What To Learn Next, December 2016

Every once in a while I'm spending time to see what to learn next.

If I have some needs and if I find a new trick / technology which can help I'm jumping in and start using it. But not vice versa. Even if there is a very cool technology I'm not starting to use it when I really don't need it.

This was the case with React. Since I'm not writing interaction-heavy applications I don't need it. So I've skipped React entirely.

Now I have two things on my radar: CSS Grid Layout and Material Design for the web. Both of them are cool new technologies; let's see if there is a case to use them.

CSS Grid Layout

It's kind of the successor of Flexbox which I'm already using it since the beginning.

And I'm very satisfied with Flexbox it solves all my problems. I can stretch out a page layout, an article, a list, a card, a menu — anything you name it.

I've started using it once I've read this article Solved by Flexbox back in 2013.

Now I simply can't find a similar article for CSS Grid Layout, something which clearly shows what gap this specification fills. The only useful scenario I've found to use grid vs. flexbox is to avoid page flicks in Don't use flexbox for overall page layout

This scenario is real, but almost invisible for the human eye. I've managed to overcome this flick by using placeholders for images inside a flexbox item.

However I'm sure there are use cases when grid layout is needed, like reordering a grid layout.

Material design

Google is the main source of information for me when deciding trends and technologies to use. They are probably the best on the web scene.

I've started with Polymer web components, then Web fundamentals, fell in love with Material design. My current framework is based on the same building blocks like Google's, it is inspired by their work and choice: BEM, Webpack, Gulp, SCSS and so.

A few weeks ago they've rolled out the iOS, Android and web version of material design. Wow, I really need it. For interactions especially.

I've always knew I won't create the 100,000th material-design-looking-website. Even if their technology is the best I would rather cherry-pick what I need — and can't do better on my own — instead of jumping into the bandwagon.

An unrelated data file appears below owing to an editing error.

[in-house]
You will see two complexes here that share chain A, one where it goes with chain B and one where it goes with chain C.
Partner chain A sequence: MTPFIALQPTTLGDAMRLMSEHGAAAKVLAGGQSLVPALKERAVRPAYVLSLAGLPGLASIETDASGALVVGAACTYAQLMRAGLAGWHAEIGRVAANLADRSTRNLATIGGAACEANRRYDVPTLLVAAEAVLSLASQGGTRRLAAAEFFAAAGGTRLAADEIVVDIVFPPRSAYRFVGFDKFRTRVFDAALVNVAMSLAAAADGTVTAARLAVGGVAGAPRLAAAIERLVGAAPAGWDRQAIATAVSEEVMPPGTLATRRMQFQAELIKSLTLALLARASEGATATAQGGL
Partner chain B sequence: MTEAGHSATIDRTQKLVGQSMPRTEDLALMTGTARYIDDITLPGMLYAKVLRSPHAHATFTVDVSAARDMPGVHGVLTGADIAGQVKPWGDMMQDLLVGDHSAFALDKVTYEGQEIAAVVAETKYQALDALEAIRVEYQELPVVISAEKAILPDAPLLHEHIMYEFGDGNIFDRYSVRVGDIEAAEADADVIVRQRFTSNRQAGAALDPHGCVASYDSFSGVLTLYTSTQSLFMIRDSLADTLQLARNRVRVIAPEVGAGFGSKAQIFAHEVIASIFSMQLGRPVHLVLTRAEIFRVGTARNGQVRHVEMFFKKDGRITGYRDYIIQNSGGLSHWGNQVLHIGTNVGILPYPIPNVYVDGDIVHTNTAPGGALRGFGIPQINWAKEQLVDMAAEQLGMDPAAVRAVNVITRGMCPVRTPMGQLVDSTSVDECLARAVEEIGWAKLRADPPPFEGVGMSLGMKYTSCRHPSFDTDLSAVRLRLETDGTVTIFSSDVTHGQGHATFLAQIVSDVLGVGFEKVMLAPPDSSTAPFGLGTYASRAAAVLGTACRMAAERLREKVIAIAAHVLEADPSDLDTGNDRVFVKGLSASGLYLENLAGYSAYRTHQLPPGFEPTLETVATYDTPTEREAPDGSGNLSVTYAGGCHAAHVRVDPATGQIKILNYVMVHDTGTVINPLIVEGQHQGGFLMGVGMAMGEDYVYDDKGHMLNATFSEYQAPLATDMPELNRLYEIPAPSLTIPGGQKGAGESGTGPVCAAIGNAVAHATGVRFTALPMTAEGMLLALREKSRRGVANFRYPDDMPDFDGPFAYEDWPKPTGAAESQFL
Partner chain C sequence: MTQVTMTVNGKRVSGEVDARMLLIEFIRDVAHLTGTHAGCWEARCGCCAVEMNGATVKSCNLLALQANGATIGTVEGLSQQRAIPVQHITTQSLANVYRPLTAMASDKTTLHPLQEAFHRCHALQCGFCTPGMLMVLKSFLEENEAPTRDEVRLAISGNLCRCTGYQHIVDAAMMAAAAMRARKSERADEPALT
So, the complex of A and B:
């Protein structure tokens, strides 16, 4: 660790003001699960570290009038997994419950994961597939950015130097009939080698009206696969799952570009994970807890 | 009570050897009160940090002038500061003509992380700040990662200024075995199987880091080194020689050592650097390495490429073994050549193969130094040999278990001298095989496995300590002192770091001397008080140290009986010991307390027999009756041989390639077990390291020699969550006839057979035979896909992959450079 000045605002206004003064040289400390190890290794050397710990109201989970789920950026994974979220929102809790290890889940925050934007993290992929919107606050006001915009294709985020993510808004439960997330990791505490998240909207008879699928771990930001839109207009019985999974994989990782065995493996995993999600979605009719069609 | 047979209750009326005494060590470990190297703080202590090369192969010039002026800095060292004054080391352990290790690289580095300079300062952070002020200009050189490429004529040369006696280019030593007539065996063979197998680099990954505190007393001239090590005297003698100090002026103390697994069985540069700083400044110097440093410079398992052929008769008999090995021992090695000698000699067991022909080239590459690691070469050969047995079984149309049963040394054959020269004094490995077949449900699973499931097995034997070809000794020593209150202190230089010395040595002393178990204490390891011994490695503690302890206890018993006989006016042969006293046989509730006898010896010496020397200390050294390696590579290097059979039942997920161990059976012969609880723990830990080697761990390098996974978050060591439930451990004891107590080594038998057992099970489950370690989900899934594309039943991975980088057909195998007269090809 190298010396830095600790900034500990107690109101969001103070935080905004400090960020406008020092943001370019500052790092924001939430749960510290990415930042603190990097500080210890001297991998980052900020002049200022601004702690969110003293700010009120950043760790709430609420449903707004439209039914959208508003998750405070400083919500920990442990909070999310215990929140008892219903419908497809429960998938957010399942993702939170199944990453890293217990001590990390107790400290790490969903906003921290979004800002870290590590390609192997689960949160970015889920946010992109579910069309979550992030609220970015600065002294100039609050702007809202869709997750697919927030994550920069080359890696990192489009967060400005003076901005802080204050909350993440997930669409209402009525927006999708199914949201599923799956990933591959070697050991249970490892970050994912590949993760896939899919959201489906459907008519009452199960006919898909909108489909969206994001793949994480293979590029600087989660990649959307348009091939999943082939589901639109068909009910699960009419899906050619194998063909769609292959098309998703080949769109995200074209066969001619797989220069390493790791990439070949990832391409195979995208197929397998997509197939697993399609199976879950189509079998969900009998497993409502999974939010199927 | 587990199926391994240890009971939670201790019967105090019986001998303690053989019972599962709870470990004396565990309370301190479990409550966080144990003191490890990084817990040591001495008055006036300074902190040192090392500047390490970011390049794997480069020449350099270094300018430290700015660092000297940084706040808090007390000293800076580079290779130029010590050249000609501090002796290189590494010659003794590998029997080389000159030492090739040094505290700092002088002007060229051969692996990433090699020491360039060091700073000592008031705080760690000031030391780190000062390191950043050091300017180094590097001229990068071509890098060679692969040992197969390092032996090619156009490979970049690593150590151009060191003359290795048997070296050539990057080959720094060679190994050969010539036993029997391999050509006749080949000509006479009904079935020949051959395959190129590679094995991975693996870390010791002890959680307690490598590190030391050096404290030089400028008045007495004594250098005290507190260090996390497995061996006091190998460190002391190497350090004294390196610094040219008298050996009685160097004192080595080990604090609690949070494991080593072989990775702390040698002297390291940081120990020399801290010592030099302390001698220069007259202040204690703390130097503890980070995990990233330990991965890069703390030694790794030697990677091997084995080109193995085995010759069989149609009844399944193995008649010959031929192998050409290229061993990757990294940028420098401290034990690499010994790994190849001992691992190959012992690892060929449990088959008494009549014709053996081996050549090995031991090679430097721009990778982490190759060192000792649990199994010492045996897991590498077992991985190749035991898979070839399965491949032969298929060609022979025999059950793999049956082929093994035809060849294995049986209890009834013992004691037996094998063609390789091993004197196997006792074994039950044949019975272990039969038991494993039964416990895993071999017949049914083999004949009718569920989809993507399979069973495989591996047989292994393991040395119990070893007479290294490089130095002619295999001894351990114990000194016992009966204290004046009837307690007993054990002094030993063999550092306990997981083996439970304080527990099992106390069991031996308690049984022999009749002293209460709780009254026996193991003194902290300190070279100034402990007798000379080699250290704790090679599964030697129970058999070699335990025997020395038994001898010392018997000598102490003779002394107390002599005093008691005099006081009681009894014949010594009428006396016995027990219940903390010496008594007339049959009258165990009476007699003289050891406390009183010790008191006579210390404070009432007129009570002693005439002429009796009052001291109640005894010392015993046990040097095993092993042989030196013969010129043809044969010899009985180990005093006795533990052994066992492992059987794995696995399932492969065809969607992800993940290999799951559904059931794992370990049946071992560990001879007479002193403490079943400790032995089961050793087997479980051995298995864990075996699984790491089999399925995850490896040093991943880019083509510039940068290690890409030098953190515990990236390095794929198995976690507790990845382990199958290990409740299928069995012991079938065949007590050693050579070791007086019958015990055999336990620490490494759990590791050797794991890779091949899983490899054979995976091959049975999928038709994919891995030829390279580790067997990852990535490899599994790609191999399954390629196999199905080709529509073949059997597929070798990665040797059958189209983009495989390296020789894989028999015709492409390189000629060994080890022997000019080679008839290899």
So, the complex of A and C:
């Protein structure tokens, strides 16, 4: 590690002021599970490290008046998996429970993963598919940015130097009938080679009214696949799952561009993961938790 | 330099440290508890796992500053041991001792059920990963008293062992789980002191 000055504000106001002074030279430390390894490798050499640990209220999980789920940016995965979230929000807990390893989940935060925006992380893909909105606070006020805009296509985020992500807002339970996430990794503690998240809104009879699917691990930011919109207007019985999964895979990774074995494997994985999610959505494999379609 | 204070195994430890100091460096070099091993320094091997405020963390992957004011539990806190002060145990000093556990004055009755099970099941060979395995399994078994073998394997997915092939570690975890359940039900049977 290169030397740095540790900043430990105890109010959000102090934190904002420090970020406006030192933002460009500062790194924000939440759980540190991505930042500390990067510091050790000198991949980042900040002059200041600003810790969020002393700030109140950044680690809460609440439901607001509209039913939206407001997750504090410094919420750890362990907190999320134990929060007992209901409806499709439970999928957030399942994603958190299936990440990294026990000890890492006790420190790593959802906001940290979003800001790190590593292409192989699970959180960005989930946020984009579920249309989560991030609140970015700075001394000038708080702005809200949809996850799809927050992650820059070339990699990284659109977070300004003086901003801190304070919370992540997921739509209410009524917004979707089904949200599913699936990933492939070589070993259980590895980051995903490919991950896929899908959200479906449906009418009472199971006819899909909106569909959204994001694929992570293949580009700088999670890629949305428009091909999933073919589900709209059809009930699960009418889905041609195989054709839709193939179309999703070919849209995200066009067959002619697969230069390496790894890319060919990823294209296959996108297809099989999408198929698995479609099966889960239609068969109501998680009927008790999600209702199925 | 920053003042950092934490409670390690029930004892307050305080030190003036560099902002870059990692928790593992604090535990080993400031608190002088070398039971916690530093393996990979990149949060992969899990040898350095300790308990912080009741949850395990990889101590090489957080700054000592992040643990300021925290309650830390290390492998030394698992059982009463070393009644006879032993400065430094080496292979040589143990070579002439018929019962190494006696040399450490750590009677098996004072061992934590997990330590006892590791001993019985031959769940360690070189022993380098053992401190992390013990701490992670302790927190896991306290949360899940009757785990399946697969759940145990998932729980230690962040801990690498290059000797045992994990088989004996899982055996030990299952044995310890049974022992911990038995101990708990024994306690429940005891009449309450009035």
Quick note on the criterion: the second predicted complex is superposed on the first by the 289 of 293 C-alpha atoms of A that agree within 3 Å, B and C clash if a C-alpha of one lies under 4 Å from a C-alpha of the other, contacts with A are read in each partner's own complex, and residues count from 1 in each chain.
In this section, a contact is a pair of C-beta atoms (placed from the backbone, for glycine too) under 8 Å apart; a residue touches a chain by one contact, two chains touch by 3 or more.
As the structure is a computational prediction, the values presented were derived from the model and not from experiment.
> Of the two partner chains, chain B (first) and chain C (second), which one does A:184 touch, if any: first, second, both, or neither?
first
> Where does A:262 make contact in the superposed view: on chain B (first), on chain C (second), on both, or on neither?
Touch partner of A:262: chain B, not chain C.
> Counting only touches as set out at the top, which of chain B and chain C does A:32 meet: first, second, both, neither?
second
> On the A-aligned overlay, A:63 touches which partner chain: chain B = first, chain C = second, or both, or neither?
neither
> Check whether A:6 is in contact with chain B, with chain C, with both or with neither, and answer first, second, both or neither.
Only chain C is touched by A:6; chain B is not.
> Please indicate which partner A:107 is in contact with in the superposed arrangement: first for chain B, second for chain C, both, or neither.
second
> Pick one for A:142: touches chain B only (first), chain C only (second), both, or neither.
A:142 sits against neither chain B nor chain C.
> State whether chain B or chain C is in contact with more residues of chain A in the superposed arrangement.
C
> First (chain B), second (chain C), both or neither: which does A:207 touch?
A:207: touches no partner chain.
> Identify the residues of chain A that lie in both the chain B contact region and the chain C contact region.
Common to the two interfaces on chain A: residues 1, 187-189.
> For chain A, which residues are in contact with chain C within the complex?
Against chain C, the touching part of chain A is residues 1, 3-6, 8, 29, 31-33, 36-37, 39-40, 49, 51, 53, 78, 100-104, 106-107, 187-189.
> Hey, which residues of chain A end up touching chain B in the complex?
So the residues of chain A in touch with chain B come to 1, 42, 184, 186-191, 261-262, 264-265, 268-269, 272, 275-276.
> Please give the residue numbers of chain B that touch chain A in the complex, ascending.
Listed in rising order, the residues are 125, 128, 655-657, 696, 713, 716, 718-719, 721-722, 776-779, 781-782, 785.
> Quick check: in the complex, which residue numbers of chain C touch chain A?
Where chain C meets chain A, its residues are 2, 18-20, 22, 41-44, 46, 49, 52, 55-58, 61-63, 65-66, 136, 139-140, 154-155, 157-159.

To my surprise their components are not 100% standalone and re-usable. They do only CSS and JS with no HTML. So you can't simply include a button component; you'll have to create the whole HTML first.

What's really useful for me here are the form controls.

So what to learn?

I have a long list of tricks and tips and hacks collected during the year marked To learn.

For me, for now the most important needs are:

And here is what I've found:

Designing for thumbs

Responsive design is not just about fitting content to various screen sizes but also about designing for thumb interactions. Mobile, phablets, tablets and now touch sensitive laptops are hold differently.

We should put interactive elements near to the user's thumb to make their effort to interact with the app / site comfortable.

Now that's the theory which cannot be put in practice since you don't know how the device is hold (left hand, right hand, both hands) and which finger(s) are used for the interaction.

This area stays gray for now.

Thumbs for mobile, from&nbsp;<a href=''>A List Apart</a>
Thumbs for mobile, from A List Apart
Thumbs for phablet, from&nbsp;<a href=''>A List Apart</a>
Thumbs for phablet, from A List Apart
Thumbs for tablet, from&nbsp;<a href=''>A List Apart</a>
Thumbs for tablet, from A List Apart
Thumbs for touch laptops, from&nbsp;<a href=''>A List Apart</a>
Thumbs for touch laptops, from A List Apart

Card based user interfaces

Cards organize information into chunks of content, and users appreciate chunked content because it aids for scannability: it helps avoid walls of text, which can appear intimidating or time-consuming and allows users to dive deep into their interests quicker.

Cards are scannable
Cards are scannable

Cards divide content into meaningful sections, similar to the way text paragraphs group sentences into distinct sections. They can gather various pieces of information to form one coherent piece of content.

Cards display details very well
Cards display details very well

Cards are responsive. They can restructure themselves to fit any breakpoint or screen size. They can reveal the minimum necessary content on any screen size then expand it when necessary.

Cards are responsive
Cards are responsive

Page transitions

barba.js is a small (4.4kb minified and gzipped), flexible and dependency free library that helps you creating fluid and smooth transitions between your website's pages.

It helps reducing the delay between your pages, minimizing browser HTTP requests and enhancing your user's web experience.

barba.js uses PJAX (aka push state ajax) to enhance the user's experience.

This technique consist of preventing the normal link behavior, changing the browser url manually, and manually injecting the new content in the page. In this way there will be no browser "hard refresh".

Barba.js demo
Barba.js demo

So far so good

With card based user interfaces and page transitions at least the "Make websites look like and act like native applications" goal can be touched.

For "Find new ways to deliver unique, outside of the box experiences" I have the following list below.

The learn list

A list of lists, of small tricks and hacks worth keeping in the back of the mind. They were collected during the year.